The end of the tunnel for the AW609
By François Blanc,
Copyright : Leonardo Helicopters
The AW609 is in its 13th year of development and the first convertible to have reached such a high stage of advancement is pursuing its initial goal, which is to obtain a civilian certification in less than two years from now. Italian company Leonardo-Finmeccanica sticking to its position since it first launched the AW609 programme in 2003 and still staunchly believes in the commercial potential of a concept in which all the other manufacturers have showed little interest.
THE CRASH OF AN EXPERIMENTAL BELL 525 AIRCRAFT IN THE US ON JULY 6 WILL HAVE MAYBE HAVE STRUCK A CHORDWITH INDUSTRY OBSERVERS, RECALLING A SIMILAR EVENT WHICH HAPPENED AROUND A YEAR AGO. ON OCTOBER 15 2015, NEAR TRONZANO VERCELLESE IN ITALY, THE CRASH OF A DEVICE ALSO UNDERGOING A SERIES OF TRIALS HAD ALREADY BROUGHT GRIEF TO FAMILY MEMBERS AND CAUGHT THE ATTENTION OF THE PUBLIC. THE ACCIDENT OCCURRED ON FINMECCANICA’S (EX -AUGUSTA WESTLAND) SECOND PROTOTYPE OF CIVILIAN CONVERTIBLE AW609 (A/C2) FROM THE COMPANY’S HELICOPTER UNIT, WHICH WAS THE FIRST AIRCRAFT OF THIS SORT TO AIM FOR A CIVILIAN CERTIFICATION. THE PROGRAMME HAS SINCE BEEN ONGOING AND THE COMPANY STILL HOPES TO OBTAIN AN AW609 TYPE CERTIFICATION BY 2018.
Era Group opts for the AW609
Five months after the accident which destroyed the A/C2, Finmeccanica’s helicopter unit – now known as Leonardo Helicopters – revealed that it has signed a memorandum of understanding with Era Group, one of the biggest helicopter operators in the world, based in Houston, Texas. According to the MOU, both parties agreed to jointly develop a version of the AW609 specially designed and fitted out for EMS (Emergency Medical Service) missions. The announcement was an opportunity for the Italian company to remind us that around 60 convertibles worldwide have already been ordered and that the aircraft is about to revolutionise vertical flying in the civilian market – a marketing formula that Finmeccanica has been using since the launch of the programme as far back as 2003. Two months later, on May 4 2016 to be precise, Leonardo Helicopters announced that the company’s third prototype had just finished its ground trials “with all engines fired up and all systems go” on the Cascina Corta site in Italy. An announcement meant to signify to all those eagerly listening that the trial programme of the 609 type had started again with the aim of getting FAA (Federal Aviation Administration) certification before getting EASA (European Aviation Safety Agency) certification. Leonardo Helicopters also mentioned in passing that the third prototype would undertake trials in freezing conditions and thereby demonstrate, if needs be, that its portfolio of missions could go much further than anything else ever offered by any civilian aircraft, in the area of vertical flying.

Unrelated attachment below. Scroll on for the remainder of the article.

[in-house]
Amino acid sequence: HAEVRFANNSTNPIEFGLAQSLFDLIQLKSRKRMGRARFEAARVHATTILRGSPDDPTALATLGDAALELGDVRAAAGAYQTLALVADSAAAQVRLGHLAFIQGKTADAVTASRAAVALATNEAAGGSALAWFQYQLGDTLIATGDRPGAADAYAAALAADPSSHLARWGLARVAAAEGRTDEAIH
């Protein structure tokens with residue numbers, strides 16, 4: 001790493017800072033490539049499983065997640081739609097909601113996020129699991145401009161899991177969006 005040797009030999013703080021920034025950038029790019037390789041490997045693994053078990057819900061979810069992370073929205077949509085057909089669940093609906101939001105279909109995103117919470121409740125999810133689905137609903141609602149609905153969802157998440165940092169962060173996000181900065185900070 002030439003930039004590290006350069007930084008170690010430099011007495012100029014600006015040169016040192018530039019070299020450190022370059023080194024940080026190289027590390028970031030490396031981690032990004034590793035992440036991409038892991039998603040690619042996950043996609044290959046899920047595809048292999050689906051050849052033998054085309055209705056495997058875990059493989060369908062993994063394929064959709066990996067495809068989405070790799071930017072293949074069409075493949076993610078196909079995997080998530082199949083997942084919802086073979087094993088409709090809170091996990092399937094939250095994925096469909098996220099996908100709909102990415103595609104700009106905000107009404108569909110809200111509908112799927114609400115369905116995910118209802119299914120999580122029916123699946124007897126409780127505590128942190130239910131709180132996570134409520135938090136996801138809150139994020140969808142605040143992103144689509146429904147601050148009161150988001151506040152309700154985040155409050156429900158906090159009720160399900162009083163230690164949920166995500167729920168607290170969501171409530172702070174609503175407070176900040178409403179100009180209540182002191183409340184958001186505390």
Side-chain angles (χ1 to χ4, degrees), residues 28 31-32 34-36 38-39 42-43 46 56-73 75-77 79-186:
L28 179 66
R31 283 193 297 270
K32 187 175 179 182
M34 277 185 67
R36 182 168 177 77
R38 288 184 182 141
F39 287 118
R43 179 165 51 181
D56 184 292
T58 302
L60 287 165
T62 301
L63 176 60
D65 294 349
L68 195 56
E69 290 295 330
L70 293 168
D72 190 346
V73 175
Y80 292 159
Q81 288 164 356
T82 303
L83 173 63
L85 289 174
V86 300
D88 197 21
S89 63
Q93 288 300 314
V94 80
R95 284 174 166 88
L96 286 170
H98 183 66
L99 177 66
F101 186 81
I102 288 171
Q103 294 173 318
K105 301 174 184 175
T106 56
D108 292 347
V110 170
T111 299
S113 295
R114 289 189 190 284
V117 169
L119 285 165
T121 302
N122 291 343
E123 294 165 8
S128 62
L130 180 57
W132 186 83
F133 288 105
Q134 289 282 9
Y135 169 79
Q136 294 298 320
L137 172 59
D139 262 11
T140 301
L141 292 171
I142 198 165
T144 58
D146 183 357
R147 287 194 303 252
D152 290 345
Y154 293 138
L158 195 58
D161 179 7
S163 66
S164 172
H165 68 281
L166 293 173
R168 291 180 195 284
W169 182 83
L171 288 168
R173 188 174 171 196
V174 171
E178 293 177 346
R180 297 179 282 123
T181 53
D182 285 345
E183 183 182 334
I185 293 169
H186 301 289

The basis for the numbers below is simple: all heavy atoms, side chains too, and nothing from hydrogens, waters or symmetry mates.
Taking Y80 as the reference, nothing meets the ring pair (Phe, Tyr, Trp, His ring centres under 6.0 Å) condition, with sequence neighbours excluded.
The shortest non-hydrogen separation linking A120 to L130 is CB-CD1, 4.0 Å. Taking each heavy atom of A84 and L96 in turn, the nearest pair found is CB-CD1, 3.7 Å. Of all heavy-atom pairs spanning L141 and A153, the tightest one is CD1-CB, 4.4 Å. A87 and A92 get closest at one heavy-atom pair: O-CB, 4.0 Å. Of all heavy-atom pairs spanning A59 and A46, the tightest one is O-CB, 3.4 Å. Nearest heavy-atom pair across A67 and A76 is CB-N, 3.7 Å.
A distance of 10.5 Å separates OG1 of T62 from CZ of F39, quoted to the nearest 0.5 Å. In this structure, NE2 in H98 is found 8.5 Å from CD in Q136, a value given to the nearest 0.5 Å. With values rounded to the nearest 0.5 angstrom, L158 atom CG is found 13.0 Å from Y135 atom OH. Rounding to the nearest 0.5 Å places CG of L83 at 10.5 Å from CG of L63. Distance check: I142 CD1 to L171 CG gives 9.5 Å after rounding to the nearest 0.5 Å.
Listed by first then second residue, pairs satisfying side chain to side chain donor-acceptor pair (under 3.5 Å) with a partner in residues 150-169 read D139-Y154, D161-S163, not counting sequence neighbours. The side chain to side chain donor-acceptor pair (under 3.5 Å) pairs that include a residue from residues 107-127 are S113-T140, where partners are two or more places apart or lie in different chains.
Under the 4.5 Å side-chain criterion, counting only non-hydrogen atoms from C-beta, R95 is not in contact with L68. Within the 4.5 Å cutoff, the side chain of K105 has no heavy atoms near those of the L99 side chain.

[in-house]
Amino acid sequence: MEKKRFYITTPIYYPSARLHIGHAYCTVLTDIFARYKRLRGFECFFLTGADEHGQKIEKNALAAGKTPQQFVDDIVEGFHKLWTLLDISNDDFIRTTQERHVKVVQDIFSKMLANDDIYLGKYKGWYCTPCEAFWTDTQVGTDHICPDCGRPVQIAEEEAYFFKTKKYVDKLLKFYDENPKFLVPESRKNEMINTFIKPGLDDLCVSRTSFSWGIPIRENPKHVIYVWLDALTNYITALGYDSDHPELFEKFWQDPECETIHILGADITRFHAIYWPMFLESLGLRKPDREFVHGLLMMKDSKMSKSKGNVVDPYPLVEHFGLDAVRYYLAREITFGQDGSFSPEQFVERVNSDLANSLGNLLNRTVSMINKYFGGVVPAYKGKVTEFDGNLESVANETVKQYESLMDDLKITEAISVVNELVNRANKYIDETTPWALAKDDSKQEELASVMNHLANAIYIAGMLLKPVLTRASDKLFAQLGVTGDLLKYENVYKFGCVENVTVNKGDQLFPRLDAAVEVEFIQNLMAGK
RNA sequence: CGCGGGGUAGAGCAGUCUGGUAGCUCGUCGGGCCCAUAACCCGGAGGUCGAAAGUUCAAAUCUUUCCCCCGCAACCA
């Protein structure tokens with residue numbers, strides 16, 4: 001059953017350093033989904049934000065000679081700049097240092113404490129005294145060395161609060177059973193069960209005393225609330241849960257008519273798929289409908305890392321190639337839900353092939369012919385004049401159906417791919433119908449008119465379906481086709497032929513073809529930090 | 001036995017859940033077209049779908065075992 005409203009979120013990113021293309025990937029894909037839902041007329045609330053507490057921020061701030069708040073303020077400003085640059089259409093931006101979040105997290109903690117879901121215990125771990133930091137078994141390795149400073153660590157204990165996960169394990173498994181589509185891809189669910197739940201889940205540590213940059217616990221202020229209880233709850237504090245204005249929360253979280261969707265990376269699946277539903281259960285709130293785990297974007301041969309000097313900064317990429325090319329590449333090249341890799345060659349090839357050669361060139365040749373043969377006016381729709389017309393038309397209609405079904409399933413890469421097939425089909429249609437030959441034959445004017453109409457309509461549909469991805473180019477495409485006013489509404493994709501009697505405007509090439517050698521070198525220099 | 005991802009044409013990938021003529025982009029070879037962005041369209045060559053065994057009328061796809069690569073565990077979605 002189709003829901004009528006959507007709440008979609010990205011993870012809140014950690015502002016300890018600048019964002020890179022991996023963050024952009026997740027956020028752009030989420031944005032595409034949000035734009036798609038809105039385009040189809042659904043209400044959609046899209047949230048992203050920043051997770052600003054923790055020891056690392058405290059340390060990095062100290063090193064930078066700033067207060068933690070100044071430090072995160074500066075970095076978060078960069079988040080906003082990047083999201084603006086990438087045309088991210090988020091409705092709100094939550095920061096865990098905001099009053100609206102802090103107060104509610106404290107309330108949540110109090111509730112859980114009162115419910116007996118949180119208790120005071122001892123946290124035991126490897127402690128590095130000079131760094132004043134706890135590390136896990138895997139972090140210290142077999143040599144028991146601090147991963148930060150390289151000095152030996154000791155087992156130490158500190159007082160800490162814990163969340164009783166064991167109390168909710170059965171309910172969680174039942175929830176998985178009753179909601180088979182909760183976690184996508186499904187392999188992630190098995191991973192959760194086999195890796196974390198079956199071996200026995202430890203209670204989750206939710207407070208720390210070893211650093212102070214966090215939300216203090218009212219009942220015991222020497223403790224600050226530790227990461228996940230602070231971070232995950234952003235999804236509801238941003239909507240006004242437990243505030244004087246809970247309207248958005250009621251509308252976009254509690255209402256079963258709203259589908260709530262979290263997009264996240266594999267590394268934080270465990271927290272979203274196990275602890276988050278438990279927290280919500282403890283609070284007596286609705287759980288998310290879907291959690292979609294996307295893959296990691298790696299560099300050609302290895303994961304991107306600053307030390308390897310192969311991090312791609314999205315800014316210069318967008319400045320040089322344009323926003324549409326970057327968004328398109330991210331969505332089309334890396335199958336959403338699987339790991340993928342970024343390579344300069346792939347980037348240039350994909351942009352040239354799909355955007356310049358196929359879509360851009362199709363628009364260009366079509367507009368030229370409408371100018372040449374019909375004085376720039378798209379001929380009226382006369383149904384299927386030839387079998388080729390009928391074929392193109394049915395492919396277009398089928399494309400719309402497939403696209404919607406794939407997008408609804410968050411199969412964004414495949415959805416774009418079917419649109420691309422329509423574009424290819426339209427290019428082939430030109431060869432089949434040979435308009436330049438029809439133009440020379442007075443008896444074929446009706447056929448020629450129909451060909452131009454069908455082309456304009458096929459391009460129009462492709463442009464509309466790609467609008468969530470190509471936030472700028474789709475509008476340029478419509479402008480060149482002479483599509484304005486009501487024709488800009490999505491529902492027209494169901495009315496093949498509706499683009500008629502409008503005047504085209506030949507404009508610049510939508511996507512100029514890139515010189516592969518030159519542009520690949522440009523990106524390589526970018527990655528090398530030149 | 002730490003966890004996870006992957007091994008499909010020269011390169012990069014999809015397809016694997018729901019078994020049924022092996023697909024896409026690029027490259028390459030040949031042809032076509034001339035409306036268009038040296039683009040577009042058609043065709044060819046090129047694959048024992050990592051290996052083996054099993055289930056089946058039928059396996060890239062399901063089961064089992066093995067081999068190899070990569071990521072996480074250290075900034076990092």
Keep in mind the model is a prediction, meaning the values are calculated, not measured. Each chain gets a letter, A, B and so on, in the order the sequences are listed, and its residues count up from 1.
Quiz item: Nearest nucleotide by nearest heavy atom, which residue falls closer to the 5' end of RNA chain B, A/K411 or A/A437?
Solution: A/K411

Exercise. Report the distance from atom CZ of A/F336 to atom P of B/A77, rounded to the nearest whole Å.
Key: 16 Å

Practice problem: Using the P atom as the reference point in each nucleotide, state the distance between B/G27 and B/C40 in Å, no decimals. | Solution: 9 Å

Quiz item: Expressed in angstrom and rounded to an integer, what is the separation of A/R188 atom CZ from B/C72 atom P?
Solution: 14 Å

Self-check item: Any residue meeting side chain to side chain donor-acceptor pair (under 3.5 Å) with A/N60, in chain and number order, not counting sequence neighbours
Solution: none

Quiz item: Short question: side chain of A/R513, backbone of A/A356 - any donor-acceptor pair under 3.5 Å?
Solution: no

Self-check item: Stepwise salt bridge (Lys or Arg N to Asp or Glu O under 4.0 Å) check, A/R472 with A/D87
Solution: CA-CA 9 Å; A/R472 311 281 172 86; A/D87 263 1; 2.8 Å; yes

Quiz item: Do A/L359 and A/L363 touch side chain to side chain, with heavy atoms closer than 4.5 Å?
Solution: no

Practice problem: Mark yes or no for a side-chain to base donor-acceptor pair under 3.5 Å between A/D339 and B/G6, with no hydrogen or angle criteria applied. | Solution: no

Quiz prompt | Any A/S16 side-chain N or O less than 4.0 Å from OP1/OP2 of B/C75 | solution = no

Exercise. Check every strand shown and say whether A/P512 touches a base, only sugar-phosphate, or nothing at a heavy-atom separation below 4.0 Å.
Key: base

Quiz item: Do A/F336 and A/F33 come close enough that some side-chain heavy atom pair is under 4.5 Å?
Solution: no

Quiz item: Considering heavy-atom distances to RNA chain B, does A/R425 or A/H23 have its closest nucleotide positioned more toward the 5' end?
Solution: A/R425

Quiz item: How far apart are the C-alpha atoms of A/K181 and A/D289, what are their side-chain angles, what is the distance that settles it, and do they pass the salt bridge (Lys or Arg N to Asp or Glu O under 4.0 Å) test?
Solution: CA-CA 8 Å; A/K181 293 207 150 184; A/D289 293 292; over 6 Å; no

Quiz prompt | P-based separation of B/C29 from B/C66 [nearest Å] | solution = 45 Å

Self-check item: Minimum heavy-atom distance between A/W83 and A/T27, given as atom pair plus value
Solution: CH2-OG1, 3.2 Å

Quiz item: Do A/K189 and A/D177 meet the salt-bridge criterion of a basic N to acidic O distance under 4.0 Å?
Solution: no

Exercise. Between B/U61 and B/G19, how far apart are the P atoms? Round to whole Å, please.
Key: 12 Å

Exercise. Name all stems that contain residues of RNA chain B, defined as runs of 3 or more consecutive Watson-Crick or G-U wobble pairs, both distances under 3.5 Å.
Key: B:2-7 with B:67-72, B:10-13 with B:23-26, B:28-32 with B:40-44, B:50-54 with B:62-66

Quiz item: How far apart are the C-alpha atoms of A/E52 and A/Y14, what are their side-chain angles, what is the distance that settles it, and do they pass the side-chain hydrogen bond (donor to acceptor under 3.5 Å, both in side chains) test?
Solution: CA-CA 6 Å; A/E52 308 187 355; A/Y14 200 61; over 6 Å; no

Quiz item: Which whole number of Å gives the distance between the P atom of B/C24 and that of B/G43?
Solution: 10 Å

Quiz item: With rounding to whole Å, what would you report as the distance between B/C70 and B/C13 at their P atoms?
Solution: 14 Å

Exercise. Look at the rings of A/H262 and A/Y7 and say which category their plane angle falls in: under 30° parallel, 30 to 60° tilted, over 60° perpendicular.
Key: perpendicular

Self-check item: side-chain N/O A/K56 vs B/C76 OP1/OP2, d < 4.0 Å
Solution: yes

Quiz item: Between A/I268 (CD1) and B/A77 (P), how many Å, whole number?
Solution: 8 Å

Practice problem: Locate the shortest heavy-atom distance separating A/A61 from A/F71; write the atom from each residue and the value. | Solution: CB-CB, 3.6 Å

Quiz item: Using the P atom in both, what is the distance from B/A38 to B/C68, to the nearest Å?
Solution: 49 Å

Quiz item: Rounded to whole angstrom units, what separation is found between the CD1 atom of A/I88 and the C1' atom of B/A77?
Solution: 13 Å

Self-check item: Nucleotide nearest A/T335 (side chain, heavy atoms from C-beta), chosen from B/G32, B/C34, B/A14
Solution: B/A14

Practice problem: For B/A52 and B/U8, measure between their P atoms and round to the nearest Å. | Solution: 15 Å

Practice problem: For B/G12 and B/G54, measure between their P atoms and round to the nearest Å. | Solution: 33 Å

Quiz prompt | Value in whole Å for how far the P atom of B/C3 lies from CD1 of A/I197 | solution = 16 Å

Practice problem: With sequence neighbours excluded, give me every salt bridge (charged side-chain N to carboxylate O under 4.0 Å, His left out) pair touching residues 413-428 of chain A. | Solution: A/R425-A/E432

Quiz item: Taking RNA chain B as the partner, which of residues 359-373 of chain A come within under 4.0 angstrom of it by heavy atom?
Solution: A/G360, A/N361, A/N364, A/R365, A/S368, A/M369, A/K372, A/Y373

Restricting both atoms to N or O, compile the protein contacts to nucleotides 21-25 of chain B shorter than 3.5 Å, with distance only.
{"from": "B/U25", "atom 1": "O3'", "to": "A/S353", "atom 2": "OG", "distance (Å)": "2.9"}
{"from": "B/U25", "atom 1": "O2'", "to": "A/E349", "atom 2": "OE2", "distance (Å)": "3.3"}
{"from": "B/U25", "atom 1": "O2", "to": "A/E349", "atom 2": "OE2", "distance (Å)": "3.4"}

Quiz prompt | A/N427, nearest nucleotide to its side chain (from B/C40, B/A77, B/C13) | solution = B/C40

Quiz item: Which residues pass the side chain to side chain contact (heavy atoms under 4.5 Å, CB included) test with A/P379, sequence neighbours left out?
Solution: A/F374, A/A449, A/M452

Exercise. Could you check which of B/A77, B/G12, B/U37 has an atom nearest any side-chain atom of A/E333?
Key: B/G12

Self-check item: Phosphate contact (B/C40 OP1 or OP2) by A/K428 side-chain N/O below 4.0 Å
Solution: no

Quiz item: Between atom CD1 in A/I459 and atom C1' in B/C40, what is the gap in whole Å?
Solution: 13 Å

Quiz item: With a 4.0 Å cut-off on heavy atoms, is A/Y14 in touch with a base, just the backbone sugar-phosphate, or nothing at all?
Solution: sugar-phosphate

A first American AW609
Latest event in an already very busy year: in August 2016, the first AW609 prototype (A/C1) landed in America. An event which shows the European company’s determination and ability to follow a carefully crafted plan. The aircraft came into the US through Arlington (Texas) and was then flown to Philadelphia, on the manufacturer’s site, after a short night stopover in Huntsville (Alabama). “The involvement of the Philadelphia site in the AW609 programme represents the anticipated progression towards assembly and certification with the FAA as the certification authority”, say sources at Leonardo, adding that “facilities in Italy, UK and Poland continue to play critical productions roles.” The A/C1 enables the manufacturer to continue with its US-based trials, in the main target market for the convertible while the above mentioned A/C3 should be picking up where the A/C1 left off, as the latter relocates to Italy. Finally, if all goes according to plan, a fourth prototype will be assembled in Philadelphia. It will become part of the convertible prototype fleet during 2017 and will enable Leonardo to put a finishing touch to its tests to obtain certification by the US authorities. The peculiar case of the AW609 in the history of aviation makes it worthy of our interest. The accident in October 2015 is a reminder that the development and fine tuning of such complex aircraft – which we often describe nowadays as the maturing phase – is far from obvious. It also reminds us that test crews often put their lives on the line; and that despite actual means of simulation and calculation, the opening of a flight test programme (which measures the overall technical capability of an aircraft while flying as well as what it is allowed to do for its secure use) remains a very demanding exercise. Historians will remember that initially Leonardo Helicopters and Bell Helicopter had decided to jointly develop a convertible for the civilian market, called the BA609. But Bell had back tracked, despite having already experienced similar challenges with the development programme of the V-22, a convertible for military use, leaving the Italian and British company Agusta-Westland to courageously pursue the project on its own. Bell justified its decision by pointing to the lack of demand in the civilian market for a medium class convertible. Leonardo Helicopters, on the other hand, continued to believe that there was a market for the aircraft and that its future would be bright. As the coming decade comes to a close, we will hopefully be able to see which one of the two was right.